Thanksgiving should be the best of all holidays—a time to relax, share time with family, and give thanks for all that we have. But for many, holidays with family can resurrect feelings of anger and resentment toward those with whom we should be closest. For those who approach the holidays with a sense of ambivalence or a feeling of isolation, it’s a good time to begin the process of forgiveness.
Forgiveness is a process—a process of intentionally changing our emotions and feelings toward the person we feel has wronged us, letting go of grudges, and re-establishing relationships. When we practice forgiveness, we are not “letting the other person off of the hook”; we are giving ourselves the gift of healing, decreasing stress and negative emotion, and looking forward rather than in the rearview mirror. In the words of Mahatma Gandhi: “The weak can never forgive. Forgiveness is an attribute of the strong.”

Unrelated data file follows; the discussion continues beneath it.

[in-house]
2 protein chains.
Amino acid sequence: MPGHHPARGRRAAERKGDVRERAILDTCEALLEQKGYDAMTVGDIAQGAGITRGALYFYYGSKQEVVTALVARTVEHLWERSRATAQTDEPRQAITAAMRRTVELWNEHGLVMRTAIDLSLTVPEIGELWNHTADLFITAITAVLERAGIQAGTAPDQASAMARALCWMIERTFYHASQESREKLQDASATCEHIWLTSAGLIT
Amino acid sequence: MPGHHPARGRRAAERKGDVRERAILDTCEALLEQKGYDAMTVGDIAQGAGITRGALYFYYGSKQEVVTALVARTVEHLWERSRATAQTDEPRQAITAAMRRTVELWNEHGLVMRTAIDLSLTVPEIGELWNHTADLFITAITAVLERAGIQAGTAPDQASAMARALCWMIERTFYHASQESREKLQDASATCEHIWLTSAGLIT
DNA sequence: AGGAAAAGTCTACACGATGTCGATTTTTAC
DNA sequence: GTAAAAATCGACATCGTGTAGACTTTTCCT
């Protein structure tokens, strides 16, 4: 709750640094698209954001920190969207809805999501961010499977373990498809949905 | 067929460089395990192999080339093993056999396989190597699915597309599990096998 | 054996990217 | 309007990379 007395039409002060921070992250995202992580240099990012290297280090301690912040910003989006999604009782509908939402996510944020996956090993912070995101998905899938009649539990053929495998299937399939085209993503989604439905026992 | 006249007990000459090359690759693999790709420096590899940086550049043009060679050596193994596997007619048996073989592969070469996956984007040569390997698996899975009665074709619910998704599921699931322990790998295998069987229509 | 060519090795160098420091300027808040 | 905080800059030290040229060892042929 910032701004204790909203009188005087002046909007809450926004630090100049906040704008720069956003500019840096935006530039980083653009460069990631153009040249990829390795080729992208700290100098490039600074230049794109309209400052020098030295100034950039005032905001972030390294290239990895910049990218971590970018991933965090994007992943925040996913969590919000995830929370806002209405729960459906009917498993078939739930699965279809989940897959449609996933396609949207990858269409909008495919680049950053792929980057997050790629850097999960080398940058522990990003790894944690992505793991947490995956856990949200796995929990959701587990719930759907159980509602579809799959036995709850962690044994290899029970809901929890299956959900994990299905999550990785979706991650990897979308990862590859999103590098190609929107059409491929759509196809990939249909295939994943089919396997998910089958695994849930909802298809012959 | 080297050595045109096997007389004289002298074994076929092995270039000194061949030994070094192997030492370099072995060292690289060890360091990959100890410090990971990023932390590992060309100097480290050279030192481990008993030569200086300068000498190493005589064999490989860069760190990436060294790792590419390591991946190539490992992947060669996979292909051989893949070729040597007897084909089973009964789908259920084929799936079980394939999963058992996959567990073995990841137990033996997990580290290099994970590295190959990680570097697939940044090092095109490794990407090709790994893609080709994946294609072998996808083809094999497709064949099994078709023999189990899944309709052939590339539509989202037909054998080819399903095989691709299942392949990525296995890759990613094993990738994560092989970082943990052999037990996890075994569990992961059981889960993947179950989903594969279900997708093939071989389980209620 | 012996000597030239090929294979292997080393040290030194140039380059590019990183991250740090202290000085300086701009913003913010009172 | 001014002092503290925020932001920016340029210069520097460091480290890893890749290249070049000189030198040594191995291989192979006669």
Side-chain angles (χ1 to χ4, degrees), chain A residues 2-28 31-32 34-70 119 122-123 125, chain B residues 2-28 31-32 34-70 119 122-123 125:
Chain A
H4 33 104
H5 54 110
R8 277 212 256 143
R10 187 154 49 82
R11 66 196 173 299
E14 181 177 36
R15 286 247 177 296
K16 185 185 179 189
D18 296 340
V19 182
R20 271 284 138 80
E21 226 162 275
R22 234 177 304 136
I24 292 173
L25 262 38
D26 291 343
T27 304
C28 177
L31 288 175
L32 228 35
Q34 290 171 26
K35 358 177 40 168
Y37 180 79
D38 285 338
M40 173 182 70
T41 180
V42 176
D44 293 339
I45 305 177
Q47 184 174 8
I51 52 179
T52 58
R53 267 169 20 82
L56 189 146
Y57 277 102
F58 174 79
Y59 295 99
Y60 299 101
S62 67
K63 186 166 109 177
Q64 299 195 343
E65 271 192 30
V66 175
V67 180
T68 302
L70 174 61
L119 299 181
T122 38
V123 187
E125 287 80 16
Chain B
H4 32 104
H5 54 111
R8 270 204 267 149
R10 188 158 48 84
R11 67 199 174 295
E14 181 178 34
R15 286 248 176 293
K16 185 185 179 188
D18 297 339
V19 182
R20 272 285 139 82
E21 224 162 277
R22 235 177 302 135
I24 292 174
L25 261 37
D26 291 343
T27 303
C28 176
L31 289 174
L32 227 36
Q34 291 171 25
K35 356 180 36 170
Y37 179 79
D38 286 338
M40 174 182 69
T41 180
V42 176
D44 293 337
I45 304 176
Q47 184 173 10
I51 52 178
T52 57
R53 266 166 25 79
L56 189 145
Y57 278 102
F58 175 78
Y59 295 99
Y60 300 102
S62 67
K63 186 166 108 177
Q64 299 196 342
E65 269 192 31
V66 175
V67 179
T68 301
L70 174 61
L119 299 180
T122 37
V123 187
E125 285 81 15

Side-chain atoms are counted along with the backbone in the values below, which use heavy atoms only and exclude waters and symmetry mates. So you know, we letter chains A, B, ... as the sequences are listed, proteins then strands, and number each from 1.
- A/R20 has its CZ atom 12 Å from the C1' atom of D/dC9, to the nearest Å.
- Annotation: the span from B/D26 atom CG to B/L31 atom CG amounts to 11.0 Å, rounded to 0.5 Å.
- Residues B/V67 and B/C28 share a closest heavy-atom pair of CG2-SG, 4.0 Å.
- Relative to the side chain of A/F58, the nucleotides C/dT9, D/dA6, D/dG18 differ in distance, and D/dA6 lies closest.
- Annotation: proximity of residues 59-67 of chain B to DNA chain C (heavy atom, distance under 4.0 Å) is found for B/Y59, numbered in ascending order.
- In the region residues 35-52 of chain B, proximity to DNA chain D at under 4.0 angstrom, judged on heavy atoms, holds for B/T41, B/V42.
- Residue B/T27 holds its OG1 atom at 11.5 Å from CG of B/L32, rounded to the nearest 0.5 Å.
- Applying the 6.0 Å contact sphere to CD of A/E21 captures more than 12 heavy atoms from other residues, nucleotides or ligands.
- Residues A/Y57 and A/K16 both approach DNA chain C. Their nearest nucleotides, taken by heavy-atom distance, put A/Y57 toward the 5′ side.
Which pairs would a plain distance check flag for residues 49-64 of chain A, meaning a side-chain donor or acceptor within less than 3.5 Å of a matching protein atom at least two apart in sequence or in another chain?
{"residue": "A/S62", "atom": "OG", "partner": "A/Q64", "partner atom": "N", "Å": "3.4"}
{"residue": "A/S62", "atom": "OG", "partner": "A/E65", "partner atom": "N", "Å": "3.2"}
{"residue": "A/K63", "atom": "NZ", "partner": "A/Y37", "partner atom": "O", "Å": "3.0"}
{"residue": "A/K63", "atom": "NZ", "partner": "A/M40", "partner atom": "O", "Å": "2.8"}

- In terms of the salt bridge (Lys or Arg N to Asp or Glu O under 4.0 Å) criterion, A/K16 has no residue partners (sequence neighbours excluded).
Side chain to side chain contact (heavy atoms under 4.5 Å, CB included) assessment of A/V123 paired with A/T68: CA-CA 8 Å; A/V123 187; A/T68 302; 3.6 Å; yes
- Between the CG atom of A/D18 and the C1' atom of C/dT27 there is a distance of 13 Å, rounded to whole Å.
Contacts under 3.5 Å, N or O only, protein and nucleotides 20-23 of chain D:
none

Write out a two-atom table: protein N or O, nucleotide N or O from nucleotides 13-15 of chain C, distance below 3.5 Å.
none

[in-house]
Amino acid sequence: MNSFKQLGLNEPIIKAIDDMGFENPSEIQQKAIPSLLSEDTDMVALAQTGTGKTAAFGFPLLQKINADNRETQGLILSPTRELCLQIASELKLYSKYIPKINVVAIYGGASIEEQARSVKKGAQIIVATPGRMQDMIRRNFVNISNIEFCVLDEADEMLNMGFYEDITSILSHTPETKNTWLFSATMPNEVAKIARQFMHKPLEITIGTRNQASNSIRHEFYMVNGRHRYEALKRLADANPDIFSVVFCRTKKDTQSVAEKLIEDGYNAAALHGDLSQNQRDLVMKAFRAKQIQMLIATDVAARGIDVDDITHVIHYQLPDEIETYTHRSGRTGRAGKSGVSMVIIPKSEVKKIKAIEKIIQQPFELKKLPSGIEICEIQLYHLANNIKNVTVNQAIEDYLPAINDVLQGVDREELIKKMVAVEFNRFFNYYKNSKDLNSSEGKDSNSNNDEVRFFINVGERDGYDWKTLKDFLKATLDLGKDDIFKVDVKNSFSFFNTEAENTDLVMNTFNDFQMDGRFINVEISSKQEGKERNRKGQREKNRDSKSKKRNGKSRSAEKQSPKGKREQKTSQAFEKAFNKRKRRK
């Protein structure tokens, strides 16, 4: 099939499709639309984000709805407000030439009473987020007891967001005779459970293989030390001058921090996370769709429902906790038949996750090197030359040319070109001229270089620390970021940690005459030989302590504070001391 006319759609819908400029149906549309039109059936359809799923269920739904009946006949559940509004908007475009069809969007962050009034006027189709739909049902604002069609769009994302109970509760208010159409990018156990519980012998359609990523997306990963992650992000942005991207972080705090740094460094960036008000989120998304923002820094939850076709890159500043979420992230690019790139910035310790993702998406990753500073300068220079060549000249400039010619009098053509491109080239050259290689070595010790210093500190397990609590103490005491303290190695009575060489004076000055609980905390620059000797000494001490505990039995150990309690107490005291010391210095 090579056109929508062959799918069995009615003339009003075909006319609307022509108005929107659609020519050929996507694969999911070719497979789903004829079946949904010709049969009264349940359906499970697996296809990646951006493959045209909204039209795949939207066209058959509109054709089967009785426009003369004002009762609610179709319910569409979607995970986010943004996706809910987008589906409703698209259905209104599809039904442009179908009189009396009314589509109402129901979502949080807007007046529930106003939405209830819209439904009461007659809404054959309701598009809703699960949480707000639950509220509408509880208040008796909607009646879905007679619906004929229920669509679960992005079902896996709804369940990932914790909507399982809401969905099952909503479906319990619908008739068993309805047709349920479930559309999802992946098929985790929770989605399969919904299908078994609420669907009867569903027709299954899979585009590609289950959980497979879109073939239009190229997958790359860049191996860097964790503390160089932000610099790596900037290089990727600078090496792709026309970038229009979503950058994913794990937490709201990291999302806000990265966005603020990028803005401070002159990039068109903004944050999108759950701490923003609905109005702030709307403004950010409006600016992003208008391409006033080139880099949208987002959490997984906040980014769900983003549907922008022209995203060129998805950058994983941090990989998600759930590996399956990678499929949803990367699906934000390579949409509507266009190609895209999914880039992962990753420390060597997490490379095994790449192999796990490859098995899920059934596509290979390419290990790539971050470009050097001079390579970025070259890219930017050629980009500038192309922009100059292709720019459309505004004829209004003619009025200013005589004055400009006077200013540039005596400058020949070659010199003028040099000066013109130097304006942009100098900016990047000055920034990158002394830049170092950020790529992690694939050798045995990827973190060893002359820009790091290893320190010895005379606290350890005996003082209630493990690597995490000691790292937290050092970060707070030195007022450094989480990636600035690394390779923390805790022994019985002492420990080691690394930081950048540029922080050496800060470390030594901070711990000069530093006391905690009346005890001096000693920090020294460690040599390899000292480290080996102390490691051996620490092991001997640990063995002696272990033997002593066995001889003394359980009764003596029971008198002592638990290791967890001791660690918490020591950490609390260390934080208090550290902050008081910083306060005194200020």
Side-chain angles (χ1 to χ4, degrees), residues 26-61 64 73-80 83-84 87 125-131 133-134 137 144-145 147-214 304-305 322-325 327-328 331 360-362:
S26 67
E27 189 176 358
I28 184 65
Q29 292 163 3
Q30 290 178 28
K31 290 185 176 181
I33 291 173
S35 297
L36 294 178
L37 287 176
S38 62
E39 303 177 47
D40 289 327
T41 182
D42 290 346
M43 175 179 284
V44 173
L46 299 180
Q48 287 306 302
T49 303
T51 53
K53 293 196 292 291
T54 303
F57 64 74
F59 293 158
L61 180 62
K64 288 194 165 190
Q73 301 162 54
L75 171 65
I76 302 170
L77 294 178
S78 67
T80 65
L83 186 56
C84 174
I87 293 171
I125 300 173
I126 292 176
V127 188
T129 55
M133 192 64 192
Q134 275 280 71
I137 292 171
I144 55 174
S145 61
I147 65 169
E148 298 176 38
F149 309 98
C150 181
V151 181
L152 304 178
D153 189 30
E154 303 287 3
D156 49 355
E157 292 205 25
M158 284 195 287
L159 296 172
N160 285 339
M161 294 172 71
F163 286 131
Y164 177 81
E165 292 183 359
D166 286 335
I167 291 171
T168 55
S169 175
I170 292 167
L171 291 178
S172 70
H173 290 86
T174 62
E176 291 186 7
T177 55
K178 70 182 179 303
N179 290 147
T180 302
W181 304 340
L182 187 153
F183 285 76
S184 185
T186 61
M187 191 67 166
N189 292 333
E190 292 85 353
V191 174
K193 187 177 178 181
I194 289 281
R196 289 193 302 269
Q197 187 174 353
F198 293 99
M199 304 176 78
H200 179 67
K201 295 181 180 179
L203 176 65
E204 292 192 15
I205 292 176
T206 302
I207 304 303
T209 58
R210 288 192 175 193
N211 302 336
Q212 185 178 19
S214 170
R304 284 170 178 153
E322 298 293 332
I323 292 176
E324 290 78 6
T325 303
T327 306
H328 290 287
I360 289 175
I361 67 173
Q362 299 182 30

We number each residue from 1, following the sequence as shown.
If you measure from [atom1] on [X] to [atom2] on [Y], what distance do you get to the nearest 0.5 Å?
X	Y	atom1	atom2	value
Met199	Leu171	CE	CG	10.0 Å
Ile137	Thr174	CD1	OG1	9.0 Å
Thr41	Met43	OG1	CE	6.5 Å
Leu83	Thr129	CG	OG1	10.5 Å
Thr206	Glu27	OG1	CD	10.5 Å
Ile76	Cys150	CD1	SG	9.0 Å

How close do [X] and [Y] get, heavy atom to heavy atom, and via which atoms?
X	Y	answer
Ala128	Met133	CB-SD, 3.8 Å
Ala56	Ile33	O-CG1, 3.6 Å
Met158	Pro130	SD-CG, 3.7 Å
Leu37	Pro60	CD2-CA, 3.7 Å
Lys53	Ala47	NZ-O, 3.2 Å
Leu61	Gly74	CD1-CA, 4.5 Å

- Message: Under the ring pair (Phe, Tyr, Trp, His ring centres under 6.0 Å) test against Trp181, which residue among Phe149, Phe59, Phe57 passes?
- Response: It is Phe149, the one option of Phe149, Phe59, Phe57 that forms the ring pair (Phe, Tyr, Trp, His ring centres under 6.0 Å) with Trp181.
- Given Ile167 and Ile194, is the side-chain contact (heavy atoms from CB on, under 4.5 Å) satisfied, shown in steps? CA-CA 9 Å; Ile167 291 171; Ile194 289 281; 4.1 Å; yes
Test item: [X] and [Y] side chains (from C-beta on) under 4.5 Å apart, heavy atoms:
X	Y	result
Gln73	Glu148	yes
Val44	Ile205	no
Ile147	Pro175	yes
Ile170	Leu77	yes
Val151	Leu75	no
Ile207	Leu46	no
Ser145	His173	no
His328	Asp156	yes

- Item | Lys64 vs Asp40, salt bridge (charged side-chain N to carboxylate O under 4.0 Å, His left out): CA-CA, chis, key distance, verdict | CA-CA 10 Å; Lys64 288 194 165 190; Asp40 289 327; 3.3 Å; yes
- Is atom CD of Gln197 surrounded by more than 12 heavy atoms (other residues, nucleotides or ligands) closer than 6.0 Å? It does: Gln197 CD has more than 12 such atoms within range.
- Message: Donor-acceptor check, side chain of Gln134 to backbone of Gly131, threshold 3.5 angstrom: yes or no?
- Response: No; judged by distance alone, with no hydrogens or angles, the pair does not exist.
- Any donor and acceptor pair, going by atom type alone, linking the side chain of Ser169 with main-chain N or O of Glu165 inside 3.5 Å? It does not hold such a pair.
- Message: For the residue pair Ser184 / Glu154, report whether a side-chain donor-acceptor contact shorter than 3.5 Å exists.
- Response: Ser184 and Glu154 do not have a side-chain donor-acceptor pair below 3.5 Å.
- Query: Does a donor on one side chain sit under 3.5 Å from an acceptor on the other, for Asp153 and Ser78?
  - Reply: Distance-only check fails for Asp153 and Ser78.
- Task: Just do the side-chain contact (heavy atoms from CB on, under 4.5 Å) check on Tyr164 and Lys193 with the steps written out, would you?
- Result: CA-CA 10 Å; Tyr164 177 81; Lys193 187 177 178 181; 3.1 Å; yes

Mayo Clinic offers some wonderful tips about forgiveness in our own lives.